But fear not. After a decade of discussion around the great escape, I don’t intend to stop now and abandon anyone mid-leap. This website and blog will continue, I have plans for another escape-themed book, and the magazine is to be succeeded by an online subscription series of high-quality, regular essays.
We’re moving away from print production now and hoping to beam essays directly into your inbox. You will, I hope, support the next incarnation of New Escapologist just as you’ve supported this one for ten lovely years.
The new essays will be a healthy combination of theory and practice. There may also be an element of “advanced escapology” to them, pushing the envelope and breaking experimental new territory. I’m determined to make each essay worth substantially more than the £1 you’d pay for it.
To subscribe to the new essays and help usher in a brave new world for New Escapologist, please do chip in your quid. To do this, go to our page on Patreon (the service that allows us to do this) and soon we will swing into a new kind of production.
Here it is! Issue Thirteen: Outliers. It’s available right now, as of today, this minute in the shop.
The issue is our fattest yet at 122 pages, which is why the cover price is £7 instead of the customary £6. Sorry about that.
It’s worth it though, for we’ve got a great interview with celebrity mortician Caitlin Doughty, features by Reggie C. King on David Bowie and Sun Ra; Matt Caulfield on zen fool Ryokan; Jon Ransom on the halfway escape of part-time employment; and Jack McClure on his relocation from suburban Illinois to literally the top of Planet Earth. Come get some.
A second, even more massive announcement will follow this one, potentially upstaging it entirely and once and for all blowing your mind. Hope that’s okay.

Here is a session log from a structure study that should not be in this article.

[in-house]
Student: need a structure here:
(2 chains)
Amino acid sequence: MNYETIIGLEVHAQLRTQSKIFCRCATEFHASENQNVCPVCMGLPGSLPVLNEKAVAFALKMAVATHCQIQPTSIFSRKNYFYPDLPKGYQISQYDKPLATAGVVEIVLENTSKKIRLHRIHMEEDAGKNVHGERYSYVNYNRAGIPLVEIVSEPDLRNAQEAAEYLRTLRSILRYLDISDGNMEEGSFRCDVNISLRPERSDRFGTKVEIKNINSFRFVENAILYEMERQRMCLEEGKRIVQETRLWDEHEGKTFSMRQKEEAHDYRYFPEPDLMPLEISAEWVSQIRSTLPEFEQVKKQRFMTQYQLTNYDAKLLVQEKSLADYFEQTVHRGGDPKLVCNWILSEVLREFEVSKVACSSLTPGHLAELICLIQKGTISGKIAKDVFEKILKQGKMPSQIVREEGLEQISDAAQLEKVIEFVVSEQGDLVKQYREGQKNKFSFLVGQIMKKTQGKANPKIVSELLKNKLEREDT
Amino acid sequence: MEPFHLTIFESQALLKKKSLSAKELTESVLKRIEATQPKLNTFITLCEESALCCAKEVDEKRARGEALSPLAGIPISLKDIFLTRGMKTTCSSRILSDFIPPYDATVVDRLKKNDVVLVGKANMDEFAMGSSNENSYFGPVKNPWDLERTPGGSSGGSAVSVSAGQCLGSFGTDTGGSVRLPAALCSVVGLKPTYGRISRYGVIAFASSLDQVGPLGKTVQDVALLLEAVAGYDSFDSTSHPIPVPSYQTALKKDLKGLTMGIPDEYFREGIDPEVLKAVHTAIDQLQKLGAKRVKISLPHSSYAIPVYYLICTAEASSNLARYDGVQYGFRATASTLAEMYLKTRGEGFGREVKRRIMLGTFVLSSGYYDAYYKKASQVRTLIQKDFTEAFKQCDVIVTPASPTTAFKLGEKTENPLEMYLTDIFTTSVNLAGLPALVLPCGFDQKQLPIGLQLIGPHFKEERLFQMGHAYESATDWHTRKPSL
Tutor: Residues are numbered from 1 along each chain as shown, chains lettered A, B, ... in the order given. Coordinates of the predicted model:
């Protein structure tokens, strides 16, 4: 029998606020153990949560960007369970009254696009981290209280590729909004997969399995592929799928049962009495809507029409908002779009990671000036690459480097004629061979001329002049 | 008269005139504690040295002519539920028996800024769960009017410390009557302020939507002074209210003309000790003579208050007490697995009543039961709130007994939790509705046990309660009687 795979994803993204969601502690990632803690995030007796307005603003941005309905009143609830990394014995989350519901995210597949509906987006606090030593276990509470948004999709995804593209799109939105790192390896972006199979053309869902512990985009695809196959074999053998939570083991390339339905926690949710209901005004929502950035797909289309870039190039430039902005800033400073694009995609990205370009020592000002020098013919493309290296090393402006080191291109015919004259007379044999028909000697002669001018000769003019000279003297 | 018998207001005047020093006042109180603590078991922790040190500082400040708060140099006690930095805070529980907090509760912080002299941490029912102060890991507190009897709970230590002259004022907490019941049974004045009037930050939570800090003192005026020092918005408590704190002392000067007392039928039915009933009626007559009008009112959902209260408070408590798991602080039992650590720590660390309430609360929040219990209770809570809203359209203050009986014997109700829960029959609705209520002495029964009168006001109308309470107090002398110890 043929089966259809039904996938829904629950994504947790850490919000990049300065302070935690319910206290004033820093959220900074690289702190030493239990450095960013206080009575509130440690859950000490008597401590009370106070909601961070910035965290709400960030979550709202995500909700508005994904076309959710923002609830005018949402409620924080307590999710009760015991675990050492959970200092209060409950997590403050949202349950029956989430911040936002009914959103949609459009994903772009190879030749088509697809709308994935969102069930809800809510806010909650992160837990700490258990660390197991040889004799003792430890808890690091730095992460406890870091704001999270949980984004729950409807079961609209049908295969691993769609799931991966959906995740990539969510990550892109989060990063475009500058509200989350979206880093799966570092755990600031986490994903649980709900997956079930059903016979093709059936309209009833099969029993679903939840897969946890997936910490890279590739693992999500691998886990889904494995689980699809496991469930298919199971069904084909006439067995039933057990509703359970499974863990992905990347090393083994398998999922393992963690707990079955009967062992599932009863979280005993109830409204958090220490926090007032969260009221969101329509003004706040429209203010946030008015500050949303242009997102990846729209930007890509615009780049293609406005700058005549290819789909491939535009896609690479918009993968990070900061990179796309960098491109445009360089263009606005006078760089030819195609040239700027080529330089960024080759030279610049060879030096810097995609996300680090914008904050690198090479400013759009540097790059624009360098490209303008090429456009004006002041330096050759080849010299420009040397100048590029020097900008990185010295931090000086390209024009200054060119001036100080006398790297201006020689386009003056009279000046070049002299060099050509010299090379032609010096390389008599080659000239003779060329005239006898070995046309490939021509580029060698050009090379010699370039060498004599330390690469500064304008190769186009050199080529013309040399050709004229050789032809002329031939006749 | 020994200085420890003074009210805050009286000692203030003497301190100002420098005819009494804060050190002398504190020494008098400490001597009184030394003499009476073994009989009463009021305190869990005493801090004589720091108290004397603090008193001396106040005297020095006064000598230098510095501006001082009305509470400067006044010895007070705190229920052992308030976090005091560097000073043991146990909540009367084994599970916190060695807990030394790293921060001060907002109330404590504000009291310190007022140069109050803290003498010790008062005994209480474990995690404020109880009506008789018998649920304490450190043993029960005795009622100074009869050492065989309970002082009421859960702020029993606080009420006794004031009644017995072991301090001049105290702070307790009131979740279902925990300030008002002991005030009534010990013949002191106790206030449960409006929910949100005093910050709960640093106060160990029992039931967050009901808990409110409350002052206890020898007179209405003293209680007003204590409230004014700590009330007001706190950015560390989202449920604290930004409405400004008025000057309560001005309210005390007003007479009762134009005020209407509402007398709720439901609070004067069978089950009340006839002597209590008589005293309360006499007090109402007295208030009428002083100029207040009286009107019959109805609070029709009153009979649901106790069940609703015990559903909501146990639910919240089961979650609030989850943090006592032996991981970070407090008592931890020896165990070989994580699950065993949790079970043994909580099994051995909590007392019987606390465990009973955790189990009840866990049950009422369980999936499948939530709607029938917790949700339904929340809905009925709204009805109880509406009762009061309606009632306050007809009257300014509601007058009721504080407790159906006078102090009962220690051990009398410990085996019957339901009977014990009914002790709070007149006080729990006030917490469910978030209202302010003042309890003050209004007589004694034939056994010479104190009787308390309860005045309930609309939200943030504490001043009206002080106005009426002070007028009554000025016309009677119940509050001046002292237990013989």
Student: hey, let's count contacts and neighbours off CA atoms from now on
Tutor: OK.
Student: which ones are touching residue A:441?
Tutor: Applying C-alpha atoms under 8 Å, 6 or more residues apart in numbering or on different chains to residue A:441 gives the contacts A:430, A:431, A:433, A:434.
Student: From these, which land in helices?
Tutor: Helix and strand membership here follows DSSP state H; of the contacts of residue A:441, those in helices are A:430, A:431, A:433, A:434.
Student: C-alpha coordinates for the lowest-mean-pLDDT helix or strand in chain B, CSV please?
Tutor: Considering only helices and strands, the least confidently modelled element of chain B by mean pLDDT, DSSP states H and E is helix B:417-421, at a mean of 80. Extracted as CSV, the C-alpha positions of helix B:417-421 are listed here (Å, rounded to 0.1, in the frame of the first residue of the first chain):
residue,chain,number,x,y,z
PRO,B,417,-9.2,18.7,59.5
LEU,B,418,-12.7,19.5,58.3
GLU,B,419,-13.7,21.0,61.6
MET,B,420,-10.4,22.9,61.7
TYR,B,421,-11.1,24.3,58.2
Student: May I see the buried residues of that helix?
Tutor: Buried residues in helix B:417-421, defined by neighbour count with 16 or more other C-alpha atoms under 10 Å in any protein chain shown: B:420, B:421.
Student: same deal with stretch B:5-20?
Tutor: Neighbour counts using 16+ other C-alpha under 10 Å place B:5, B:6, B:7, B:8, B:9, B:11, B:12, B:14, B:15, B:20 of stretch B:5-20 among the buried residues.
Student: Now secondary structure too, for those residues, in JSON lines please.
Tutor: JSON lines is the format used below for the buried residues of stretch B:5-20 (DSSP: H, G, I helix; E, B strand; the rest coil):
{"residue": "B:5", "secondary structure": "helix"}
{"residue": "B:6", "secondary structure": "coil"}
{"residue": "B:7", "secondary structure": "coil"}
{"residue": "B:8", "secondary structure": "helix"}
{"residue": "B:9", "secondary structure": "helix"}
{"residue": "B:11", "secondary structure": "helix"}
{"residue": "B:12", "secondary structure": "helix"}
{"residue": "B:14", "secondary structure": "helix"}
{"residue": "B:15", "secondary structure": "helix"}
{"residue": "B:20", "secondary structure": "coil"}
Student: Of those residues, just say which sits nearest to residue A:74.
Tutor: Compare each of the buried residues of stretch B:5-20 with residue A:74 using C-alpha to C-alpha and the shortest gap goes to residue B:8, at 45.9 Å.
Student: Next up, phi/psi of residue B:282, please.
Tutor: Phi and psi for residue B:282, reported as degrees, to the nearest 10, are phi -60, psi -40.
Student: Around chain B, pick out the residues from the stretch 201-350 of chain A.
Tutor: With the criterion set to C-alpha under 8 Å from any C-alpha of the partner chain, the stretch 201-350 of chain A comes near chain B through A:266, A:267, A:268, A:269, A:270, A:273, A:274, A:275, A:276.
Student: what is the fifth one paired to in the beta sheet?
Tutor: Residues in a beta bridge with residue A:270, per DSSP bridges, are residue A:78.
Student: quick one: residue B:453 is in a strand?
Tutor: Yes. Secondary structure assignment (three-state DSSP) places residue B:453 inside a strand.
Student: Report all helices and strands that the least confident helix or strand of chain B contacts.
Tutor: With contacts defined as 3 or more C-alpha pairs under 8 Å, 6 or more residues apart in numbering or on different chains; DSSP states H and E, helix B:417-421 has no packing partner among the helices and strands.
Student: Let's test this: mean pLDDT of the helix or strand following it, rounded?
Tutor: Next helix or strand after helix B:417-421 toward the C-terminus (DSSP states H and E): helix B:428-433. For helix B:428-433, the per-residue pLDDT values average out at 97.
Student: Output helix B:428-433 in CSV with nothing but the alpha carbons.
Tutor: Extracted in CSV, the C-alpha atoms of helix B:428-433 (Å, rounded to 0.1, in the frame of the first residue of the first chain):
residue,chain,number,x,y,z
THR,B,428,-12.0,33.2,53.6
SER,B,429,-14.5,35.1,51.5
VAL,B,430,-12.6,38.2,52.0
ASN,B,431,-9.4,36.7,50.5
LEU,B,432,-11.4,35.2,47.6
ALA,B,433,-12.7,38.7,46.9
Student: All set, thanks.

To launch Issue 13, we’re throwing a party in Glasgow on 14th October 2016.
It promises to be quite the event. As well as readings from some of New Escapologist’s finest, we’ve got live music from the incredible LD Beghtol, Reggie C. King and their band. If you can get here, it’s truly a night not to be missed. There won’t be any more like these!
We’ve got guests and performers coming from New York City, London, Belfast and Dublin. Why don’t you join us?
Want to come? Please do! Go here for full details and to grab a FREE ticket right away.
This article is a few months old now, timed to come out around the Swiss Referendum, but I only just got around to reading it. Oh well. It’s excellent and contains this simple little gem:
UBI is a somewhat uneasy mix of two objectives: poverty relief and the rejection of work as the defining purpose of life. The first is political and practical; the second is philosophical or ethical.
The piece is written by Robert Skidelsky who also co-wrote that smashing book How Much Is Enough? towards the end of which Citizen’s Income (UBI) is recommended as a sort of societal equivalent to individualist Escapology.
There’s also an illuminating brief history of welfare and this wee thing about the morals of being idle:
Most of the hostility to UBI has come when it stated in this second form. A poster during the Swiss referendum campaign asked: “What would you do if your income were taken care of?” The objection of most UBI opponents is that a majority of people would respond: “Nothing at all.”